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The Maxine Singer Papers

Letter from Maxine Singer to Francis Crick pdf (180,179 Bytes) transcript of pdf
Letter from Maxine Singer to Francis Crick
Number of Image Pages:
2 (180,179 Bytes)
1969-03-28 (March 28, 1969)
Singer, Maxine
Crick, Francis
Original Repository: Library of Congress. Maxine Singer Papers
Reproduced with permission of the Library of Congress.
Exhibit Category:
Biographical Information
Metadata Record Letter from Francis Crick to Maxine Singer (March 20, 1969) pdf (28,635 Bytes) transcript of pdf
Box Number: 60
Folder Number: 6
Unique Identifier:
Document Type:
Letters (correspondence)
Physical Condition:
Series: Conferences and Meetings, 1963-2002, n.d.
Folder: Fourth Advanced Study Institute of Molecular Biology, Spetsai, Greece (1969 July 6-19), 1966-ca. 1969
March 28, 1969
Dear Francis:
Until I received your letter I had heard nothing except a few thin rumors concerning the discussions with regard to Spetsai. Now, with the letter, as well as my conversation with Brian Clark today, I have at least some idea of what is going on. It would be of some interest to me to see the circular letter of the European Committee of Scientists for Democracy in Greece and I would appreciate a copy of that, if possible.
There are some comments concerning your letter which I would like to make. I must first point out that although I am an employee of the U.S. Government, and that the U. S. Government will support my trip to the school, the opinions expressed here are not in any way connected with my employment but represent a completely personal view -- that of a scientist and a participant in the summer school on Spetsai.
I deplore the current undemocratic regime in Greece and am deeply disturbed by the reports of the totalitarian measures used by the present Greek junta. I do not, however, consider that this viewpoint leads necessarily to the conclusion that the Summer School should be cancelled. I am planning an attending. Thus, I agree with your overall conclusion. I also agree with your statement concerning the fact that the political nature of governments has not widely influenced the planning of or attendance at international scientific meetings in the past. Further, I believe that practice to be proper, by and large. Most importantly, I agree with your "basic objection," as stated on page 3 of your letter.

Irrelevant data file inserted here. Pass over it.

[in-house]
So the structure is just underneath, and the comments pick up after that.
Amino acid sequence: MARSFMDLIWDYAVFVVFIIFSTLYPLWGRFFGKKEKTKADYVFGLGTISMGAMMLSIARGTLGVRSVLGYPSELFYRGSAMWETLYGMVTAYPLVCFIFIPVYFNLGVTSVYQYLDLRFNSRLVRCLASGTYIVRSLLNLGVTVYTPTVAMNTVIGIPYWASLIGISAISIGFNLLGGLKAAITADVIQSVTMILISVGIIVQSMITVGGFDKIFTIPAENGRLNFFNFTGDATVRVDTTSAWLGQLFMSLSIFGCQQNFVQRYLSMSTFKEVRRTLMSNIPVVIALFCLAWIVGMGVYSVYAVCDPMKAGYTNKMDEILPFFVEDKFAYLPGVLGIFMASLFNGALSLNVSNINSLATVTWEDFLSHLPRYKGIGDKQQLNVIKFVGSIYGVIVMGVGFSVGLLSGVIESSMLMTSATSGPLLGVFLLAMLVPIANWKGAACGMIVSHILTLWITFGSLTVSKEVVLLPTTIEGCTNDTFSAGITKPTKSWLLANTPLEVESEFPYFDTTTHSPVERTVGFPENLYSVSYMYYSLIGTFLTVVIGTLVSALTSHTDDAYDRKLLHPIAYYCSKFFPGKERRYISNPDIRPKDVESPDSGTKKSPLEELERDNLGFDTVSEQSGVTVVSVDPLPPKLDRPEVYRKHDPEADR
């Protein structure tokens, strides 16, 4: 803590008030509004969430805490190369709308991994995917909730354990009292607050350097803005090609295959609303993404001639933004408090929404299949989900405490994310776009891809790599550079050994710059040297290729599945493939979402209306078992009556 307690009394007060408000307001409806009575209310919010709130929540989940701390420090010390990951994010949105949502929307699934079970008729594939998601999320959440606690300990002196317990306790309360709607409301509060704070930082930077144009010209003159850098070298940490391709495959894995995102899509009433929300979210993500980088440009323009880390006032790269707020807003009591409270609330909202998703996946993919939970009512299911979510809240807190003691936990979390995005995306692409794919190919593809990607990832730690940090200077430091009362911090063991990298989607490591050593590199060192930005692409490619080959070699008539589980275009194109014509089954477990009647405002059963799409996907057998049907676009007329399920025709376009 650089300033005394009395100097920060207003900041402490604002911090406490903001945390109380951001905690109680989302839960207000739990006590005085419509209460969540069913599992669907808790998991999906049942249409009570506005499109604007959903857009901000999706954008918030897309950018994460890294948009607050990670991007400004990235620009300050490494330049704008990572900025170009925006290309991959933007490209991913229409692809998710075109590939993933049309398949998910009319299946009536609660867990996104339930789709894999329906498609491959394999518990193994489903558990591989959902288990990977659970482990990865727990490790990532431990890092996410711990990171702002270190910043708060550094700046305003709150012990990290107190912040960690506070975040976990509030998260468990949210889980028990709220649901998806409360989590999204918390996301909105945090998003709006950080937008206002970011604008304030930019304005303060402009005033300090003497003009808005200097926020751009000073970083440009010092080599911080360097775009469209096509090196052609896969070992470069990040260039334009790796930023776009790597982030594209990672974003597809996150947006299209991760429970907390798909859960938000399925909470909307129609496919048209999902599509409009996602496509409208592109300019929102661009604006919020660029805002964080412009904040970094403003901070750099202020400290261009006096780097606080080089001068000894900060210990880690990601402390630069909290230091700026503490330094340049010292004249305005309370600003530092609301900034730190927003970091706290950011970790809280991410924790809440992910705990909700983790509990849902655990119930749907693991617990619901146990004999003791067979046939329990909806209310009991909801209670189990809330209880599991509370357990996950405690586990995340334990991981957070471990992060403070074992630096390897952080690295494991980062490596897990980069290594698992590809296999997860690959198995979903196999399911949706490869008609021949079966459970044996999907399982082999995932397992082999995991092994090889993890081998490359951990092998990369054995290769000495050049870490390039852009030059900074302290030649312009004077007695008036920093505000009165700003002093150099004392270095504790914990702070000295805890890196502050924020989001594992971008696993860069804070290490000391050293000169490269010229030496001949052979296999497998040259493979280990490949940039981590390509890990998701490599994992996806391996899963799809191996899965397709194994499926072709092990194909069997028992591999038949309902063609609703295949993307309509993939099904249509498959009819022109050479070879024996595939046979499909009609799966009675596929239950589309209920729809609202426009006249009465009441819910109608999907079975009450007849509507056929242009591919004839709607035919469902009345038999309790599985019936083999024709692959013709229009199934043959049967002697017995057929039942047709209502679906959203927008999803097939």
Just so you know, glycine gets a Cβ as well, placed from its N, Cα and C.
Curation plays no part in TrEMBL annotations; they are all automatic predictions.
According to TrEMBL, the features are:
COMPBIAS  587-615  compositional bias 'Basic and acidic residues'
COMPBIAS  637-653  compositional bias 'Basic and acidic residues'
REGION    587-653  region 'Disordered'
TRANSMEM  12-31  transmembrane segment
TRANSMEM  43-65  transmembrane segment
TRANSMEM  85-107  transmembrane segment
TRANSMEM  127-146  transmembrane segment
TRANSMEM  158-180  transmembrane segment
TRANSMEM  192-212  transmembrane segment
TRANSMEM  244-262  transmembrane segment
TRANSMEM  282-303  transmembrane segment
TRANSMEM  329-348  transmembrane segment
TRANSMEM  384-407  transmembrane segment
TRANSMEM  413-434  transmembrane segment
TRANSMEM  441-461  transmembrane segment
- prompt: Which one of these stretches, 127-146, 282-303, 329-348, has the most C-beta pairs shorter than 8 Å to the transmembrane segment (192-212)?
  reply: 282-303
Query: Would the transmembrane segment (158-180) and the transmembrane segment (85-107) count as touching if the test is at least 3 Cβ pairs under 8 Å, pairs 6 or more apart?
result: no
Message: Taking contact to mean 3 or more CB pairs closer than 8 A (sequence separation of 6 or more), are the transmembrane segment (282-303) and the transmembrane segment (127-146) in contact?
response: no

You may know that there is a considerable interest here in changing the proposed site of the 1971 meeting of the FASEB away from the city of Chicago. This is in protest over the police brutality during the 1968 Democratic Party Convention. I have voted in favor of the proposed move and have been asked if that position is not inconsistent with my attendance at the school in Spetsai. My answer to that question is relevant to the current debate. As a citizen of the United States I have the responsibility to protest unjust governmental practices. Also, as a citizen, I have, at least to some degree, some political power to use in attempting to effect a change. With regard to Greece, however, I have no power, and consider the suggested boycott a politically ineffective device. If I thought that an effective international boycott of Greece were possible, I would be eager to support it. Therefore, one must view the act of boycott as a very personal and private protest -- not as a useful political activity. As such, its value is primarily to the individual boycotter and his conscience. Although I respect a personal decision to boycott, I feel that undue pressure on others to take the same action is unfortunate.
There are two matters discussed in your letter with which I do not agree. I also think that they are both irrelevant and dangerous to your position. These concern the dismissal of academic persons, and the alleged torture. Regardless of our private evaluations of those dismissed, the manner of dismissal is the crux of the issue and cannot be set aside. Similarly the fact that countries other than Greece also may engage in torture does not diminish the horror of torture. The possibility that either or both of these claims is true is what, among other things, leads you and me to deplore the regime. Therefore it is unnecessary to discuss them. It is dangerous to do so because no one of us is in a position to evaluate the truth of the claims. You cannot win a point with the Committee by arguing a non-confirmable fact. I assume that you brought these matters up because the Committee raised them. It would be a mistake to allow yourself to be driven into an indefensible corner as an apologist for the junta by the tactics of the Committee. I would then urge you to emphasize the other points in your letter and omit these two in future discussions.
The "conditions" you mention seem to me both proper and useful. I wonder whether they might gain added leverage if you could get NATO itself to make these demands on the Greek government.
One additional minor point. I was a little disturbed by your sending me the letter after indicating to Gros that you considered it confidential. I believe that it would be best to inform him that others (I assume School participants) have been made privy to the correspondence. I am sending copies of my letter to Alex Rich and Paul Berg,
Dan and I are looking forward to seeing you on Spetsai. Very best regards.
Sincerely yours,
Maxine Singer
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